Gift Of Feedback

Holidays mean gift giving, when we show our appreciation and gratitude for others and them with us. If you are like us, you have more stuff than you need and there is an opportunity to receive a different kind of gift this year. We all have room to learn and improve, and a great way to do this is with feedback from some of your close friends, colleagues or family.


Feedback can provide us with useful information about how others see, hear and understand us – or not. When given specific details of what we did well or what we could do differently, we begin to see what others see in us and this can be very useful. When feedback is general and non-specific, we feel we have received nothing and are often left doubting ourselves, or the giver of feedback.

Let’s be honest – just the idea of getting feedback can leaves us with a feeling of dread, not being able to control what we are about to hear. But what if feedback became something that you could control? A powerful tool to get the data you want to support your learning and your development to become the person you want to be. What we like to call a gift.

Recognizing everyone has their own perspective on everything, instead of considering their comments as absolute, we can use their words to help us understand what they see, and determine if this is what we want them to see.   If we control the specifics of what we want to learn about, we can seek the information we want, not the information others feel they need to provide us.

Here are six steps to take back control of feedback, asking for and receiving the information you want and need to learn and become the best person you can be.

  1. Get curious. When you get curious, you can begin to gain clarity around who you are and how you want to be seen by others. What are your values? How are you living these values? How do you want to show up in this complex and demanding world we live in? Curiosity includes three skills of being present to ABSORB what you are listening to, (internal words as well as comments from others), choosing to listen to yourself and others in a way that is open and non-judging, and asking open questions (begin with who, what, where, when, how or why) to help you explore what you want and discover the goals that hold meaning for you. Getting clear on your values (how you want to live them and how you want to show up for others) is a great place to start developing your goals. This will help you align your behavior to your values so you can connect with your true self. The more specific you can become with the details, the greater success you will have in achieving your goals and learning outcomes.
  2. Get Focused. Remember, you are in control so you need to determine what you want to achieve. What strategies can you develop to achieve the goals you have defined above? How will these create learning for you that will help you achieve your goal(s)? How are you going to practice these strategies to gain the confidence you need to accomplish your goal?
  3. Make the Ask. Once your goal and strategies are clearly defined, it is time to ask others for specific feedback, feedback that will support your learning and lead you to the success you want. As you make ‘the ask’, keep in mind that feedback is based on the perceptions of the person providing it. Ask them to observe and then comment on the strategies you intend to put into practice. Requesting specific feedback helps you stay in control of the process and also ensures you will receive their comments on what you want to focus on, the strategies you are playing with. People like to be asked for their opinion as this messages you hold them in high regard. Asking for comments around specific behaviors helps them understand what is expected of them.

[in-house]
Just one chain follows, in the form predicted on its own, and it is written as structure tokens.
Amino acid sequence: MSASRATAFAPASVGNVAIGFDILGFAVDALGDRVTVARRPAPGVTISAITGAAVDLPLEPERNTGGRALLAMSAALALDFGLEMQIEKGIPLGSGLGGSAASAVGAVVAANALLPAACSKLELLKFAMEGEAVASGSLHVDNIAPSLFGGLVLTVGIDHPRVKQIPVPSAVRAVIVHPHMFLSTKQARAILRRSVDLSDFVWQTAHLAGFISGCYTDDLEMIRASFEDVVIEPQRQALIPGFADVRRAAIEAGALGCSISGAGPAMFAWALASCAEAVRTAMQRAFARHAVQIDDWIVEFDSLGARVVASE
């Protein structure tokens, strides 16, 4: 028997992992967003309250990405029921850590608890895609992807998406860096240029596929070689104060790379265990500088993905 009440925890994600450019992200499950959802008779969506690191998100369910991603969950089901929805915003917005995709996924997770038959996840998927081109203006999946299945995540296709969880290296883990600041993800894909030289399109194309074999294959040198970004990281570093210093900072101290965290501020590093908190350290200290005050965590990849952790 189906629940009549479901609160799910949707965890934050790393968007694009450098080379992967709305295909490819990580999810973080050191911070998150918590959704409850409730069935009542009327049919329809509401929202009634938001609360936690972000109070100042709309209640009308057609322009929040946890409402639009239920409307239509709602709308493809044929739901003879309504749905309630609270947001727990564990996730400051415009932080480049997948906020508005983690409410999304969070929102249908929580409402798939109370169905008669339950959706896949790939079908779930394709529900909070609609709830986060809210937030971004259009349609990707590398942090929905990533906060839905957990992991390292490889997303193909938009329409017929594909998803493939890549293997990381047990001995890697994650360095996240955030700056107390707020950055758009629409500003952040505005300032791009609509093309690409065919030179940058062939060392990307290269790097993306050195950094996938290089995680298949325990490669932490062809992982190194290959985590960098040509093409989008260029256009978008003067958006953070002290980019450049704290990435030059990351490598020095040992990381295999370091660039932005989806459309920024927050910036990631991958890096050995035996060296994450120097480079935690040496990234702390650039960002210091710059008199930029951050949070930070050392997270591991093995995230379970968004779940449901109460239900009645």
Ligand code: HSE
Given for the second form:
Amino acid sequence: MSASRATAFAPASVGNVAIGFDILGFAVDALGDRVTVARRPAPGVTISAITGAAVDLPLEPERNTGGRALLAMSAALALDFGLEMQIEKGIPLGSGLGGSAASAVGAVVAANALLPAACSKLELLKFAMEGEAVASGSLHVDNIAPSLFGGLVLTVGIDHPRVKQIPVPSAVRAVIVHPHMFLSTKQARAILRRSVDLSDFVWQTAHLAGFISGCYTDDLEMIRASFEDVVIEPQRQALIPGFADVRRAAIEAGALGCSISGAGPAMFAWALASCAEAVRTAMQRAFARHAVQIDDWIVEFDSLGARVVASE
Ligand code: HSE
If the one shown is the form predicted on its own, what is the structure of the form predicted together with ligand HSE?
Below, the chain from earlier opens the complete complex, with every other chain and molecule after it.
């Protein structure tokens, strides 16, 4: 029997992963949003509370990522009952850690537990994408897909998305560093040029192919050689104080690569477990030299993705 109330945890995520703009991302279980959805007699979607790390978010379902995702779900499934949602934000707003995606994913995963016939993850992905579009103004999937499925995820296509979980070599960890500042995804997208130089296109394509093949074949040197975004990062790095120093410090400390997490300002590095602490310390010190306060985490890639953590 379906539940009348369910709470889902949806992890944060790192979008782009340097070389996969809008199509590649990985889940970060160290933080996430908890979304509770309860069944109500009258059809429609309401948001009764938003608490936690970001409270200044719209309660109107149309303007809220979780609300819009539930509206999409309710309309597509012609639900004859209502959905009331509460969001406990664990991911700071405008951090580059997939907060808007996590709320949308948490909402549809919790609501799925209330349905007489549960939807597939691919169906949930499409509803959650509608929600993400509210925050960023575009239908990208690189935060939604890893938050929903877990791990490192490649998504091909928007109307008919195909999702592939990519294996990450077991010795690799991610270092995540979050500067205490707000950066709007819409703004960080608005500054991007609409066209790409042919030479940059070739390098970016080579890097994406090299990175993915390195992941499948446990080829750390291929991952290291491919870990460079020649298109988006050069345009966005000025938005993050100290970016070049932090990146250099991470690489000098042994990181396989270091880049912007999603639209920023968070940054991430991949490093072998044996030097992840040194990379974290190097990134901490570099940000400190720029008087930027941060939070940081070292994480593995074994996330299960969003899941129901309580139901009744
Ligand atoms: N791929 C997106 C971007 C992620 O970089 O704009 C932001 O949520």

4. Be open and non-judging: Once they have completed their observations, the time has come for you to receive their gift of feedback. The words they share with you describe their perspective, which does not mean it is right or wrong, rather what they observe and how they experience you. Since you have asked for specific details, they can comment on exactly what you want feedback on. Consider this data, based on their experience, how they perceive you. Be curious during this period, including being present to absorb, listening in a way that is open and non-judging and asking those open questions that will help you explore their perspective and gain understanding that will support your reflection and learning. Curiosity will also help you stay calm if you find their words or non-verbals challenging and difficult to listen to. Ask them to suggest ways that you could do things differently so you can better understand what would hold meaning for them.
  5. Be grateful. Someone has taken time to notice and observe you, form thoughts around what you have asked of them and formulated an opinion which they hope will be of value to you. Seeking to understand their perspective and then appreciating them for it messages respect, that you value their opinion.
  6. Reflect. Now you can take the nuggets others have provided you and reflect to learn how others see you. Take the time to reflect on how you want to be seen, how your behaviors align with your goal (or not) and explore how you want to move forward. Reflection  gives you the space to learn and discover new ways of being, new strategies that will effectively help you get to where you want to go, while controlling and creating your own journey.


How do you approach getting feedback?  Share with us your strategies in the comments below.

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